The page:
You’re a go-to-it kind of Gal. If something needs doing, you’re the one to do it. You’re self-sufficient, organized, intelligent, and in great shape. You’ve worked hard to create the life you desire, and are in control of just about everything that can be controlled. You’ve put in long hours for your time off and earned the vacation of your dreams.
Because you are independent and enjoy a change of scenery, you’ve decided to head to Greece.
You’ve heard that it’s a safe place for single women travelers.
Well, you may want to rethink a few details. Although you may head off to Greece alone, unless you’re Billie Jean’s twin sister, you aren’t going to be alone for long. (I’m talking the tennis star, folks, not Michael Jackson’s Billie Jean) Even the Billie Jean situation can be remedied with your first trip to a topless beach. No disrespect to Billie Jean, by the way. She has accomplished oodles for us women, and I thank her for this. But, that’s my point. All of her amazing accomplishments will go unnoticed. In Greece, appearances are everything. And women, no matter how accomplished or brilliant, are seen as women first.
Take my first trip. I had just finished twenty-five years of education, completed my residency in obstetrics and gynecology and was literally dying to get my body (and soul) over to Greece. I had planned two lovely, serene, brainless, anonymous months. Well, I guess two out of four isn’t bad. I’m sure you, by now, can guess which two Greece delivered. Out of my two months there, I spent only five days alone.
There’s the feminine thing, but there’s also the social thing. Greeks see a single woman traveling alone and, once they’re convinced you’re not a putana (the same word in Greek and Italian), they all take pity on you. Forget anonymity. Forget autonomy. Greeks, if you are unaware of this fact, are highly social beings. If you’re hoping for anonymity, stay in the U.S. Forget about Greece. Heck, people still bump into me, acting like my long-lost relatives, recognizing me from previous trips. Who are these people?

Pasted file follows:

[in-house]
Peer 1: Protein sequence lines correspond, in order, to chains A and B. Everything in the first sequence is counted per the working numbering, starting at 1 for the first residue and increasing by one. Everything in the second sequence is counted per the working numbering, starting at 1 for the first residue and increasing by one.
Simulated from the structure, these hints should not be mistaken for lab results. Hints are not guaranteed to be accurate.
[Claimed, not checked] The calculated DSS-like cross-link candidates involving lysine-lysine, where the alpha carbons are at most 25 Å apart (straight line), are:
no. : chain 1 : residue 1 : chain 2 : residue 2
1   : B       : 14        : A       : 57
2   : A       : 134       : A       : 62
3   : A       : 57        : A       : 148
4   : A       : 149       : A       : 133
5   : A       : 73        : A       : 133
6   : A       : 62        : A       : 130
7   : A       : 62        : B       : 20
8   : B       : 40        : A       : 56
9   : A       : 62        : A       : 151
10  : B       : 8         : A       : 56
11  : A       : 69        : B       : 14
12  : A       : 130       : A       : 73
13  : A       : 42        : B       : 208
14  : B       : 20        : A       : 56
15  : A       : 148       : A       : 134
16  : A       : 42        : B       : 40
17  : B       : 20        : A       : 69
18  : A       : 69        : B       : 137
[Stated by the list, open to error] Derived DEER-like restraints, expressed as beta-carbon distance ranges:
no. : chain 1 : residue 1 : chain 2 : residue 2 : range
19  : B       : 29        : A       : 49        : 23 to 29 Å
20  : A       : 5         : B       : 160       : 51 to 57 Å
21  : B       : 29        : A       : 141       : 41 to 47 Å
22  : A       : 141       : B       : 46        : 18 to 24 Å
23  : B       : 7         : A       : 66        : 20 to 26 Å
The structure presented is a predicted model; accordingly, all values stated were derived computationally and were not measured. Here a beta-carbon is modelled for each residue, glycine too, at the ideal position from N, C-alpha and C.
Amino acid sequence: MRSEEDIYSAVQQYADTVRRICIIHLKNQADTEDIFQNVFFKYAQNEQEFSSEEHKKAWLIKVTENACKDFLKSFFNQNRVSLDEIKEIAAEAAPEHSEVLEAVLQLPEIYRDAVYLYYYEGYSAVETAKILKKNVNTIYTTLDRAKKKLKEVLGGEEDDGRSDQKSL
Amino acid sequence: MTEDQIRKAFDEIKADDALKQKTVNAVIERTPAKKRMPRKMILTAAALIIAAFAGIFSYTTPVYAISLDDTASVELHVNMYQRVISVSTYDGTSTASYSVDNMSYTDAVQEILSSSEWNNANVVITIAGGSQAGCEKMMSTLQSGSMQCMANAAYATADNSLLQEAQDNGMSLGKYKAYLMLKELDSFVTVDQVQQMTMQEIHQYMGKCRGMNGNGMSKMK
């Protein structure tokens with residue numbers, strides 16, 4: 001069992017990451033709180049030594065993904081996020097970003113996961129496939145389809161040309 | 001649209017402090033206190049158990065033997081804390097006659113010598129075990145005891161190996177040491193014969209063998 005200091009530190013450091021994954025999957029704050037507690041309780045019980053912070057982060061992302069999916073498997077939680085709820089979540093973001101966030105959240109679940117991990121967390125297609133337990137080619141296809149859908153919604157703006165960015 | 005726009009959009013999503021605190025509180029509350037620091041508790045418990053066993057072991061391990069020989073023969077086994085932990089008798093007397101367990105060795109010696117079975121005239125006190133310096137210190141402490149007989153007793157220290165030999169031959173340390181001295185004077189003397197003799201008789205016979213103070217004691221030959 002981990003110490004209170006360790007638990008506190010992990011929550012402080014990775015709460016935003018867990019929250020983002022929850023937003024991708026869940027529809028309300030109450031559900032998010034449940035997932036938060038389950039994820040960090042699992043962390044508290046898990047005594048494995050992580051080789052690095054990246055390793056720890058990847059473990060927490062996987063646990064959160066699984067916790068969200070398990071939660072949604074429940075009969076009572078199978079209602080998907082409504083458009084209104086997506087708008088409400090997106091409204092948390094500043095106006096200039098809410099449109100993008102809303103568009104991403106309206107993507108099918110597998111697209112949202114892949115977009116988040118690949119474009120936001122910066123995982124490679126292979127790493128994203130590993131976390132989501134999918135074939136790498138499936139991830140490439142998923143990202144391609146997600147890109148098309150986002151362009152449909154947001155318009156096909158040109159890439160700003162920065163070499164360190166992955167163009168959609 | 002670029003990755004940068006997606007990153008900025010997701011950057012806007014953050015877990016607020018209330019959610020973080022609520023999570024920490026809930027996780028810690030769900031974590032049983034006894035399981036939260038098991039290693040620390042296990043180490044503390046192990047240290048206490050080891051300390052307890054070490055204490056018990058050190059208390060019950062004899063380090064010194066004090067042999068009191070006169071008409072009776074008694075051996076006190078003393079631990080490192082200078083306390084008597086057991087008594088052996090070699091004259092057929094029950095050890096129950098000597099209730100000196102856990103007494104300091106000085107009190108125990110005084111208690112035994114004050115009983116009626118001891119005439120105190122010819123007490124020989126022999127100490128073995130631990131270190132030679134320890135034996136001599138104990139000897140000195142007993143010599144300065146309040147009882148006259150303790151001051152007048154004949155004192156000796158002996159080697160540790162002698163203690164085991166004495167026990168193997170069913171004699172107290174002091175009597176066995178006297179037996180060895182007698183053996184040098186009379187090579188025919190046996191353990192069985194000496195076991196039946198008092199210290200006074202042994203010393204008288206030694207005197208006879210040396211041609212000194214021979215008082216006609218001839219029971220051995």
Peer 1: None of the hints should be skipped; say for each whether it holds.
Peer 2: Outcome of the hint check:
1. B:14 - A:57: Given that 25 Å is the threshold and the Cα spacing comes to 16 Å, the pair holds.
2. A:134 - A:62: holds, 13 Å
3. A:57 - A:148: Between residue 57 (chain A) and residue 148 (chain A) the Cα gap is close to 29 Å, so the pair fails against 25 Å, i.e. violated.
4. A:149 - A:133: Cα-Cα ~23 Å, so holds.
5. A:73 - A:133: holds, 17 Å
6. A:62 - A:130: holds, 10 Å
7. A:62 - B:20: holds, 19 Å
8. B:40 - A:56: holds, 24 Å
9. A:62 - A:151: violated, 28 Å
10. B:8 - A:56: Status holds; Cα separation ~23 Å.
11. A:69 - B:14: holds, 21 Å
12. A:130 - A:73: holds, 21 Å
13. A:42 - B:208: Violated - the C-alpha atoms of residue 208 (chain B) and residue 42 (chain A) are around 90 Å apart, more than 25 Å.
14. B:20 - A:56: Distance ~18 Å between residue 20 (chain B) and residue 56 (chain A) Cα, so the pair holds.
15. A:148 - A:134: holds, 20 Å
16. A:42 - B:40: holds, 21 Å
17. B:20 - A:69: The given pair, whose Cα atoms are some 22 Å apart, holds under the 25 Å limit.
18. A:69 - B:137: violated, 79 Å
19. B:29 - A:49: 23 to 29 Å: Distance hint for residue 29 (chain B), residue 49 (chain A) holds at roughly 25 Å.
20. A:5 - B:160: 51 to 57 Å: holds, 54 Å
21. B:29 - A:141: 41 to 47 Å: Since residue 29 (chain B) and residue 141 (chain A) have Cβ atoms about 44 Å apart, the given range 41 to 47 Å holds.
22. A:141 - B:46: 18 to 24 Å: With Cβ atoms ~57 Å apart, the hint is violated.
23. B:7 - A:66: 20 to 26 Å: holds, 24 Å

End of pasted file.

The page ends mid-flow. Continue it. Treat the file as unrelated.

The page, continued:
So let’s tackle the single female thing first. When you are alone, you are available. You are, literally, free, the Greek word for unmarried. And I’m talking both meanings. Every woman is the same to every (older than you) Greek man. Age discrepancies do not compute, as long as the man is the older one. As for me, within the first hour of my arrival on my Greek island destination a certain Greek God blocked my way, his perfectly sculpted body perched precariously atop a tiny motorbike--hard to ignore, even if he hadn’t been screaming at me in Greek. Lord knows I tried, unsuccessfully. He finally asked in English, “Why are you not speaking to me?” And I answered, “Because I don’t understand what you are saying.”
Enter my first Greek boyfriend—which brings me to my next point. If you truly want to be protected from Greek men, you have two options:
#1. Do not leave your room. This, however, is not a fail-safe method, since there are an awful lot of Greek men who already know where you are…the taxi driver who dropped you off, the owner of your hotel, the guy down the street at the kiosk, the men on the main street who stared at you as you got out of the taxi, the guy waiting on the side-street below your balcony--just hoping to get a glimpse of you, preferably naked…
#2. Get a (temporary) Greek boyfriend. (They are too high-maintenance to keep long-term. Believe me, I should know.) No one else will touch you, literally and figuratively, because you are his property now, and he will protect you. It’s as if you have an invisible diamond layer of skin, one you are clueless about—clueless, that is, until he dumps you (but that’s another story). The code is clear. Greek men don’t mess with other Greek men’s women (doesn’t mean it doesn’t happen, but it definitely takes two). You’re thinking, but then I won’t be alone. Women, forget the “alone” thing; it’s not going to happen. Were you listening?
I recommend #2, after years of rigorous personal testing. If you aren’t yet convinced, I have an exercise for you. When you first arrive in Greece, walk into any empty cafe or taverna (a task in itself), and sit down. Bet you that the next group of Greeks—and it will be a group—to walk in will sit down right next to you.
So, I’m wishing you a lovely brainless trip to Greece. Please remember to send pics of your personal Greek Gods. Kalo Taksidi!
Oh, and because there are always a few in every reading crowd—please please don’t take me so seriously! Don’t need anyone blaming me for STIs or heartbreak! (and no, of course all Greek men are not like this. Honestly!)